The interest rates that the state currently pays to “borrow” the Rands it issues are high only because the SARB has made a policy choice not to influence those rates lower. This policy choice should be challenged as it runs counter to the SARB’s constitutional mandate to “protect the value of the currency in the interest of balanced and sustainable growth“. All wasteful, inefficient expenditure by the state is inflationary, and the hundreds of billions that the state pays every year in interest to rent-seeking middlemen for Rands is no different, nor less corrupt.
So, contrary to Vegter’s view, the equation is not quite as simple as “increasing money supply = increasing price level”. Apart from distributing existing money from savers to spenders using taxation, money creation to finance productive investment is the least inflationary way stimulate demand, employment and economic growth. This is true of money created by both state spending and bank lending.
Money creation to finance consumption and financial speculation is the most inflationary as it drives up prices of consumer goods and financial assets. This is also true both of money created by state spending and money created by bank lending.
MMT has been clear about all of this right from the start. That is why MMT proponents have always preferred a Job Guarantee instead of a Basic Income Grant (BIG), and favoured direct monetary finance of by Central Banks of fiscal spending on productive employment over Quantitative Easing, which drives up asset prices while driving interest rates lower.
Vegters piece is full of contradiction and straw-men. He starts his article by repeating the well known “household fallacy“, quoting gold standard era author Adam Smith who famously said: “What is prudence in the conduct of every private family can scarce be folly in that of a great kingdom.”
But at the conclusion of his piece he concedes that unlike households and companies, who cannot issue currency, a government with its own central bank and sovereign, free floating currency can’t run out of money and can “always pay its bills“.
He agrees that economies usually have excess capacity but then says that doesn’t mean “policymakers only rarely have to worry about inflation”, as if MMT doesn’t implore policy makers to focus exclusively on inflation when deciding government budgets.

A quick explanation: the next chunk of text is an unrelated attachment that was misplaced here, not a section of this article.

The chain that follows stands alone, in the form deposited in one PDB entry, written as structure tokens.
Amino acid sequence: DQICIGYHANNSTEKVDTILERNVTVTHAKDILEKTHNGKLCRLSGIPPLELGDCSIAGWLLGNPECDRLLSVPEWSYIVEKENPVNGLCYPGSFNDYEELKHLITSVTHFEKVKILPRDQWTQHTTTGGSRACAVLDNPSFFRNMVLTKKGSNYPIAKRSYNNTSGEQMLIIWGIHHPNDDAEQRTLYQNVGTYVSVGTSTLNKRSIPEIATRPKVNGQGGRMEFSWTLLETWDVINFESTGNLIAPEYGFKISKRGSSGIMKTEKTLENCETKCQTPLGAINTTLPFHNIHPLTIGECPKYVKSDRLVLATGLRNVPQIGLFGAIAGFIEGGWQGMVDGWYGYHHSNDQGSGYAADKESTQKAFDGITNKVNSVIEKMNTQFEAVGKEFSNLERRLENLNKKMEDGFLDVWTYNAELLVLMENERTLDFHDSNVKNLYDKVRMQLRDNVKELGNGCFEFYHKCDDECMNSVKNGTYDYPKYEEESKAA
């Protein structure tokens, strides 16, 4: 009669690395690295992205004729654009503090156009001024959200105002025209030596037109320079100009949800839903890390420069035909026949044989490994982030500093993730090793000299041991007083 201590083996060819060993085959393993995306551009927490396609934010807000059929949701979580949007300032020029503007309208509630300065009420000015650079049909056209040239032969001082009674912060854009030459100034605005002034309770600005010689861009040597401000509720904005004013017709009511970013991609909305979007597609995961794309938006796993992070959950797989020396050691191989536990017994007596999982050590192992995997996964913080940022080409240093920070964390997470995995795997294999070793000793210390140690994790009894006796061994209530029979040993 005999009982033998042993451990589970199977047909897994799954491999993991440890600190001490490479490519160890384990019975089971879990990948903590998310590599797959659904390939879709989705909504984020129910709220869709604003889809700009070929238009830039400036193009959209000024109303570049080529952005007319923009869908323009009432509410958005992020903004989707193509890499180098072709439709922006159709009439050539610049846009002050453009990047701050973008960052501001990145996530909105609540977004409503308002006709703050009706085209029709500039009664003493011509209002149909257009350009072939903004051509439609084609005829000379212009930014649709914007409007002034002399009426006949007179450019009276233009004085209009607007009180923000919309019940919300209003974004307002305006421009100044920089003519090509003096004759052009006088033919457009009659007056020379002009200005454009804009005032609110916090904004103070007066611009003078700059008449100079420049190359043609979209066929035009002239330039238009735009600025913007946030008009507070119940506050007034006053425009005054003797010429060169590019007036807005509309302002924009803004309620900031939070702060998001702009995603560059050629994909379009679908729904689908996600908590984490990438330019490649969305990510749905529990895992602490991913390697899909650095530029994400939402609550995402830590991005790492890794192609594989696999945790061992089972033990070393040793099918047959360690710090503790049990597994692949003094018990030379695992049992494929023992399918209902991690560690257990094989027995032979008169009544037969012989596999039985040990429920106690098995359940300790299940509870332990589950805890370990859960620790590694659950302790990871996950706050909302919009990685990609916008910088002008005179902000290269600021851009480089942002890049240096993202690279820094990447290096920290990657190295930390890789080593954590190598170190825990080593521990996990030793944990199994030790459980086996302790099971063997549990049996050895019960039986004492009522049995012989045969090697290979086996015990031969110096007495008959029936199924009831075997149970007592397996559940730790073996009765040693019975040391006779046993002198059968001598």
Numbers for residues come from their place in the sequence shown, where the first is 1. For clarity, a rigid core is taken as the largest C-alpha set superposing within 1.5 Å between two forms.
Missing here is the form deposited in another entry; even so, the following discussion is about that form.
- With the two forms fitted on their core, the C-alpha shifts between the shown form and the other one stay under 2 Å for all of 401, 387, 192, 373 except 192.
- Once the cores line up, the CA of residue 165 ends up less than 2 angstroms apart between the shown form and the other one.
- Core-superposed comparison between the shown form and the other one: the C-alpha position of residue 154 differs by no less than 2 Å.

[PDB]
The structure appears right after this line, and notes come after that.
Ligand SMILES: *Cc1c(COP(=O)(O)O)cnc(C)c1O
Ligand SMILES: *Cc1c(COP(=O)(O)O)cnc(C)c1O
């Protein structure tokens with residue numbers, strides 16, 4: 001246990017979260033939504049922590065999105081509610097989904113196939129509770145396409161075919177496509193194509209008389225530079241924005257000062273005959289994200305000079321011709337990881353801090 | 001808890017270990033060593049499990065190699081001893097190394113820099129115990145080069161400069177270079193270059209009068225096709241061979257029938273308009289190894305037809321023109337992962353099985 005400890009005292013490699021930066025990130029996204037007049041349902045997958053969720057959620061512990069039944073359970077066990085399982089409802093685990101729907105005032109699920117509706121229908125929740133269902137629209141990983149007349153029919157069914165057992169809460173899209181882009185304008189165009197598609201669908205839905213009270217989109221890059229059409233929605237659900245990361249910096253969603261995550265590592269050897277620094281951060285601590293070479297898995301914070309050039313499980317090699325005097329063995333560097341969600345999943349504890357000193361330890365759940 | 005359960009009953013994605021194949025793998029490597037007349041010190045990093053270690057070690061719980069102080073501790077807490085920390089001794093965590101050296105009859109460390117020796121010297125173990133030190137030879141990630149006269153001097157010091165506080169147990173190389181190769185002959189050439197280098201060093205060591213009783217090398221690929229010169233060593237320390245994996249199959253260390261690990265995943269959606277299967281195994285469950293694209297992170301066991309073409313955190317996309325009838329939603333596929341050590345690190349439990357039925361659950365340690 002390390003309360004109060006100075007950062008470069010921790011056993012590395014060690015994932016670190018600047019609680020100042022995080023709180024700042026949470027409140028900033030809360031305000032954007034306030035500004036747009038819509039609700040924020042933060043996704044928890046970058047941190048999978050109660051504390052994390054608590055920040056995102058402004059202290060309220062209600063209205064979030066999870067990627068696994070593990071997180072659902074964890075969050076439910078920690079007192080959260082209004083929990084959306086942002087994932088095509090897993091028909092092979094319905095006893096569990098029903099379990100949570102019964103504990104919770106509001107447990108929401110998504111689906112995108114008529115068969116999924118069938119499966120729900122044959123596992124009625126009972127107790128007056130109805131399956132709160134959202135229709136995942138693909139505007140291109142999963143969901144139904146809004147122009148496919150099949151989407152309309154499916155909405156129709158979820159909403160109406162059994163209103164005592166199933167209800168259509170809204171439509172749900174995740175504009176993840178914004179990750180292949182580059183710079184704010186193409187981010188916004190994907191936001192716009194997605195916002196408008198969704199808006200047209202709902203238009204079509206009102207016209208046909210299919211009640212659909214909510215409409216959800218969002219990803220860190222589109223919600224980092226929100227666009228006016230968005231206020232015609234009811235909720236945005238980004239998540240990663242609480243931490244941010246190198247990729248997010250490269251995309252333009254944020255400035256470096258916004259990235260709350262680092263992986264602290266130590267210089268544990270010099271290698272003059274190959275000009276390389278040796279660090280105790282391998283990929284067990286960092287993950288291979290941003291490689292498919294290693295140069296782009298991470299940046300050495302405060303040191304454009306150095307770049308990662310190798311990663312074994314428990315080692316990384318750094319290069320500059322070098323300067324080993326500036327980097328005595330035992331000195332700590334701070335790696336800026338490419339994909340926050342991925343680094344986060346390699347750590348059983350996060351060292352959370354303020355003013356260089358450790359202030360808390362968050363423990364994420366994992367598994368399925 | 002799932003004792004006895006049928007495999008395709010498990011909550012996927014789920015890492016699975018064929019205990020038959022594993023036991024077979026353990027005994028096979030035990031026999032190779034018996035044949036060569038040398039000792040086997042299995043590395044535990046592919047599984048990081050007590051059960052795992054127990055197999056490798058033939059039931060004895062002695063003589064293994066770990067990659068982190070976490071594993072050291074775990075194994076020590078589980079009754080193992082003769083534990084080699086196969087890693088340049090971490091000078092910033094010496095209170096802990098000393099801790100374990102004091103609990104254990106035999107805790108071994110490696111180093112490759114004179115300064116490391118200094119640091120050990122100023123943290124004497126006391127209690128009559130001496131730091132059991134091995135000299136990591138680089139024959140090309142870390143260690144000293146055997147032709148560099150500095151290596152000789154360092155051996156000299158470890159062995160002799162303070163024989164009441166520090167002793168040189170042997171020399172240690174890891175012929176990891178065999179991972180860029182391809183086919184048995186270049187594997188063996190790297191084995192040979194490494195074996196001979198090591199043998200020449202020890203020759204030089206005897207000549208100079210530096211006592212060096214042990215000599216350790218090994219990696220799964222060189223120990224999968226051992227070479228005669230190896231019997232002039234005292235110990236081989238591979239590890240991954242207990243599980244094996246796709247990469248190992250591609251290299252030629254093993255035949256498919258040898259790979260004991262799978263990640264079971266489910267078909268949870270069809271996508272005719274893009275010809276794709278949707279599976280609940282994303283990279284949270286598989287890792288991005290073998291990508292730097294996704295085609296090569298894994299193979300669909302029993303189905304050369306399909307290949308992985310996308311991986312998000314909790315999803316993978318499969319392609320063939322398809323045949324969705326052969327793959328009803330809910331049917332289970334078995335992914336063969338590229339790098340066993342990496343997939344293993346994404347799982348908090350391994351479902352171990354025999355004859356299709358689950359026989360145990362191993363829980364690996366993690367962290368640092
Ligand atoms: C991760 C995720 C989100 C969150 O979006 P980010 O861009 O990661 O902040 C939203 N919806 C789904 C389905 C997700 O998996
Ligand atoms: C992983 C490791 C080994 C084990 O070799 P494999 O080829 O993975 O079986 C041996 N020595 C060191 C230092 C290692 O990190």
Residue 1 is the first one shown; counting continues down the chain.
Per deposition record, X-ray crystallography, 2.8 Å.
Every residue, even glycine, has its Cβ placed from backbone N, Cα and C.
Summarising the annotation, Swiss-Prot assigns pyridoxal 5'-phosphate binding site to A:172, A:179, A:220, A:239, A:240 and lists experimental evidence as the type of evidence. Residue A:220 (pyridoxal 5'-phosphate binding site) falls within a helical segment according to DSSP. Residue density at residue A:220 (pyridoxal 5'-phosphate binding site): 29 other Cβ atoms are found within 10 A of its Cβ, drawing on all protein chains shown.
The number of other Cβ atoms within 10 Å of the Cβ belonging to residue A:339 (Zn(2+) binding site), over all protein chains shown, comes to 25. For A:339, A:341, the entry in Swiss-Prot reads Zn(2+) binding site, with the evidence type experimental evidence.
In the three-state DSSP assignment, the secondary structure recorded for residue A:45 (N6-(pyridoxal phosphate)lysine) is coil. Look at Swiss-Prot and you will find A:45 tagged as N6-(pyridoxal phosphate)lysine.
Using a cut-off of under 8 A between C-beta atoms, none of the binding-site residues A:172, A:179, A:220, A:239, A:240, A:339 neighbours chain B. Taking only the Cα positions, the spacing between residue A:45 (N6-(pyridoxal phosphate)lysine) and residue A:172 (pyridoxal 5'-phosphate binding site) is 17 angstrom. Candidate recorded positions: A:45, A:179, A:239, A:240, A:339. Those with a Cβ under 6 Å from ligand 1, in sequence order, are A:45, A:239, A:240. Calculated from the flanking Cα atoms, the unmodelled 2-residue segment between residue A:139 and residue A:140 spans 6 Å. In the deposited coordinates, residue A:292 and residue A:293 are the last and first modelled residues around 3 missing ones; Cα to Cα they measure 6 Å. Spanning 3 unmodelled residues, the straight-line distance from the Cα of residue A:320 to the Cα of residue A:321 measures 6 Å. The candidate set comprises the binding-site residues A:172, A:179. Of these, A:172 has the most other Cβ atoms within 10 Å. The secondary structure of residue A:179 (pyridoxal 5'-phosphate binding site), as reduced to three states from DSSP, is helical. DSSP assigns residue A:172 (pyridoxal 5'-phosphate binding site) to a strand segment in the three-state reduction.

Then to cap it off, he makes the bizarre claim that MMT is socialist by concocting another straw-man: “MMT claims that wealth is not created by private industry and productive work, but is bequeathed to the private sector by the government“.
I have never come across a single claim by any MMT scholar that private industry and productive work doesn’t create wealth. MMT merely observes, correctly, that government deficit spending funds private sector financial surplus.
If I watched you buy bread on your credit card from your baker, I would be correct if I observed that your deficit spending had just funded an increase in your baker’s savings. In observing that, I am not claiming that his increase in financial wealth was not a result of his industry and productive work.
Vegter seems to see socialism in everything that he doesn’t understand or agree with. There is nothing socialist about the state supporting private industry and productive work by financing it at the lowest interest rate possible.
Any concerns about the state crowding out the private sector can only become valid once the economy is running at full capacity. While there are idle resources and unemployed people, state employment can only crowd in private sector investment, by increasing demand, savings, sales, incomes, profit, supply of skilled labour, infrastructure etc.
That government deficit spending increases private sector savings is fact.
That government debt owed to the private sector equals private sector interest baring financial assets, is also fact.
In MMT pioneer Warren Mosler’s own words: “There is really not that much “theory” in Modern Monetary Theory. MMT is more concerned with explaining the operational realities of modern fiat money. It is the financial X’s and O’s, the ledger or playbook, of how a sovereign government’s fiscal policies and financial relationships drive an economy. It clarifies the options and outcomes that policy makers face when they are running a tax-driven money monopoly. Proponents of MMT say that its greatest strength is that it is apolitical.”
The people who call MMT “Magic Money Tree” are the kinds of people who tend to believe in magic. Accounting realities are not for them. Real world economics is not for them. They would rather believe in fairytales like “The Invisible Hand” and “free markets”.